The closing and sale of Niko's Eatery and Bar in Tillsonburg will mark the end of a chapter for a local family of restauranteurs next month.
But not by any means the end of the road – Chris Kyriakopoulos, his wife Leesa, and their family are still in the food service industry. And they're staying in Tillsonburg.
The family tradition goes back almost 55 years.
"We've been in Tillsonburg since the 60s," said Chris Kyriakopoulos. "Started off with Harmony Restaurant – it was a soda shop, made our own chocolate, made our own ice cream... that was my great uncle Stan Gettis. Gettis was a huge name in Tillsonburg."
The business expanded with restaurants in Aylmer, the Golden Leaf in Delhi, Town Gate Inn in Tillsonburg at the north end of town, Nick's Pizzeria, Burgerland, Nick's at the Norfolk Mall (closed in 2006).
Niko's Eatery and Bar was the family's last restaurant, opened downtown on Broadway in 2007.
"This one was built in memory of my dad," said Chris, noting his dad, an immigrant from Thana, Greece, passed away in 1996.
"He lived in Tillsonburg almost his whole entire life. London for a while when he came over, but he settled in Tillsonburg."
Kyriakopoulos' main business is RIBA Corporation.
"I'm not totally out of the food service industry – just out of the running of restaurants business. RIBA does the purchasing for approximately 1,400 establishments in Ontario. We also have a limited number of accounts in Alberta and Quebec."
They also have a coffee distribution company out of the same building in London – they distribute coffee to more than 800 accounts in the local area.
Sitting down at Niko's Thursday morning, Kyriakopoulos admitted it didn't really sink in – the sale of the restaurant – until recently.
Borrowing a line from Delta – expect the unexpected – he said that situation came out last September.
"I had to rethink where a lot of my time was being spent. Leesa and I have four children – we're busy!
"The people who are paying the most for my absence are my kids. And my wife, but my wife isn't home either because she's transporting the kids. So when BP (Boston Pizza) approached me, I believe it was end of July/early August, it was totally unsolicited. I had some thoughts like 'hey, I've got to alleviate my schedule,' but it was unsolicited. It (Niko's) was not listed.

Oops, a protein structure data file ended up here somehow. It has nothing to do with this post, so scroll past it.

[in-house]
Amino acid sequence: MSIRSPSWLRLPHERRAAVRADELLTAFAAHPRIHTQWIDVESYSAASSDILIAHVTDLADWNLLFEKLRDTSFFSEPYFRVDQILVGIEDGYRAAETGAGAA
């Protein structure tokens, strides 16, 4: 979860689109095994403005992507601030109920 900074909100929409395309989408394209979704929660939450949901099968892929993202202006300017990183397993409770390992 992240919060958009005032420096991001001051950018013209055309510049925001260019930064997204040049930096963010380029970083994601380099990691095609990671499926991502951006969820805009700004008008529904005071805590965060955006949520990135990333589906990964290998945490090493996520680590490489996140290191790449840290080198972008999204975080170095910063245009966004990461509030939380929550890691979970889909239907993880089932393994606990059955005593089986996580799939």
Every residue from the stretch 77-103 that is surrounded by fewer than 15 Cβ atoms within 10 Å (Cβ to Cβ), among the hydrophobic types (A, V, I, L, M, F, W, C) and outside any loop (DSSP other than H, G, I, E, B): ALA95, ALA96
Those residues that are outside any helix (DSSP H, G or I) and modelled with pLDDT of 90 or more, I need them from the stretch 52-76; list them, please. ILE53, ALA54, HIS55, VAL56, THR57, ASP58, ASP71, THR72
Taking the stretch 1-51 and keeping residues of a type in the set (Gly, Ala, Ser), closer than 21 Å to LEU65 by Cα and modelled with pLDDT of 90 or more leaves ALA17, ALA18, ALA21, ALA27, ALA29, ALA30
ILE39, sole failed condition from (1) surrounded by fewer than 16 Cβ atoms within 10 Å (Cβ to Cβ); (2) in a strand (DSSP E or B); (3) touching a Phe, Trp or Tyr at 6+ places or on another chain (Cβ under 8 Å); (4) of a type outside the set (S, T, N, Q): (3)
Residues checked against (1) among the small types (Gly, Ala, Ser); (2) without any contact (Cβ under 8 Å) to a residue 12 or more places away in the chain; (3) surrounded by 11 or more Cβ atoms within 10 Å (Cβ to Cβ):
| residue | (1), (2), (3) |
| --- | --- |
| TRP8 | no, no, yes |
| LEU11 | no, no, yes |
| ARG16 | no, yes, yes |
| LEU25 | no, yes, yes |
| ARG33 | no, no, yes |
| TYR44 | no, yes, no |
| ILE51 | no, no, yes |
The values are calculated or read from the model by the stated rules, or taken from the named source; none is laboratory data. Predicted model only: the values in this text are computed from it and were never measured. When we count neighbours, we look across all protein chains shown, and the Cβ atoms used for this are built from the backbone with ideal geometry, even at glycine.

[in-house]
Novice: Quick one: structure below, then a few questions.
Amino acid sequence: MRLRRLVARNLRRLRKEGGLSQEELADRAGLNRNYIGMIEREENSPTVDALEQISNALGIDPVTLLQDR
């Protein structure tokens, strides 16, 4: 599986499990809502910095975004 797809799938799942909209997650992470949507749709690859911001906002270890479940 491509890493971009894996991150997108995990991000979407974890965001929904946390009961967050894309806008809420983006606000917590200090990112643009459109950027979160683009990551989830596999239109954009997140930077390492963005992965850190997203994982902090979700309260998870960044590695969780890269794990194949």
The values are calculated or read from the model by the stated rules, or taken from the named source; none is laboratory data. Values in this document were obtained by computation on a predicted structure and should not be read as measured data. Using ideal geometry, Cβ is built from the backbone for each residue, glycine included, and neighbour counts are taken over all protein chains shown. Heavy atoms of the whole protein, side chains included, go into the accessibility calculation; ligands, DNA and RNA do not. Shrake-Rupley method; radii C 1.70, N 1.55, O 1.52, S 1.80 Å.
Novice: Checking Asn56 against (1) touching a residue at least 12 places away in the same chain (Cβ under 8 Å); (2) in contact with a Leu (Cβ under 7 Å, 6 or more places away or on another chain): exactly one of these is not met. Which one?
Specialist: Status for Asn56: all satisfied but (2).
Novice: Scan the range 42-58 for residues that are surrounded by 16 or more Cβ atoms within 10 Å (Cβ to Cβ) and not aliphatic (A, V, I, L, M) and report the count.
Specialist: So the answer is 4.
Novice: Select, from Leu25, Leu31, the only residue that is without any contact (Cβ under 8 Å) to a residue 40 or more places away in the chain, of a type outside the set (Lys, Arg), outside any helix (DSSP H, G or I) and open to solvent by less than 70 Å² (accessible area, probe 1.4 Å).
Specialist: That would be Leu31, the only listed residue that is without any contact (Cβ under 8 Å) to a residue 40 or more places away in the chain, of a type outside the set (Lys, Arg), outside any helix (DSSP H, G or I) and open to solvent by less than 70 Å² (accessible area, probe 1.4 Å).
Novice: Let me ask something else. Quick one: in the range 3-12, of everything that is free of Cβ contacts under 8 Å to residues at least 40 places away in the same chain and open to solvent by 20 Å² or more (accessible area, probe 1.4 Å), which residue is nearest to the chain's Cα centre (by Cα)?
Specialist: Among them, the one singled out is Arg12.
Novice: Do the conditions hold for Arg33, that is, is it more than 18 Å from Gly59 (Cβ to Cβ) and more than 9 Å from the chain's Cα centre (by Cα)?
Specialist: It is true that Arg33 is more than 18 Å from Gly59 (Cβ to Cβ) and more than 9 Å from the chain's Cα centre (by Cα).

"It just seemed like an opportunity. And the opportunity is to primarily alleviate our schedules. Being in the restaurant industry, and having been in the restaurant industry so long, it's very intensive on time. I take my hat off to every restauranteur who devotes their lives, because that's what their doing, to satisfying their customers. The customers are always No. 1.
"We've been blessed. We have a very loyal clientele, and I was very proud of Niko's. I think it looks amazing. But you know what, it's time to move on.
"It's hard to leave a nice place, and a great staff, and a great clientele. I'm not saying we're leaving on top, but we're leaving where we should be. Because I don't compare myself to any other restaurant."
There are more than 80 eating establishments in Tillsonburg, he said, where people can get food.
"There's a lot of great restaurants in Tillsonburg. I think that BP will just complement what's already here. I think it's a very good fit. I think the footprint, the building, either met or exceeded their expectations. I think the location will benefit them for the off-time business, 10 o'clock and on. Everyone loves this hub, staying downtown. That's something that's very unique about Tillsonburg. Anybody that's really tried to open up outside the downtown, it hasn't worked.
"So when they came to me, it was the right time. And it made sense. And if it makes sense, they you've got to go through with it.
"We liquidated assets in Tillsonburg, but we're not going anywhere. My mother still lives here. We're part of the community. I've always supported the community, and there's no reason for us to go. We didn't do this to move out of town, we did this so we could actually start being customers and enjoying what the town has to offer. As opposed to being tied down to working."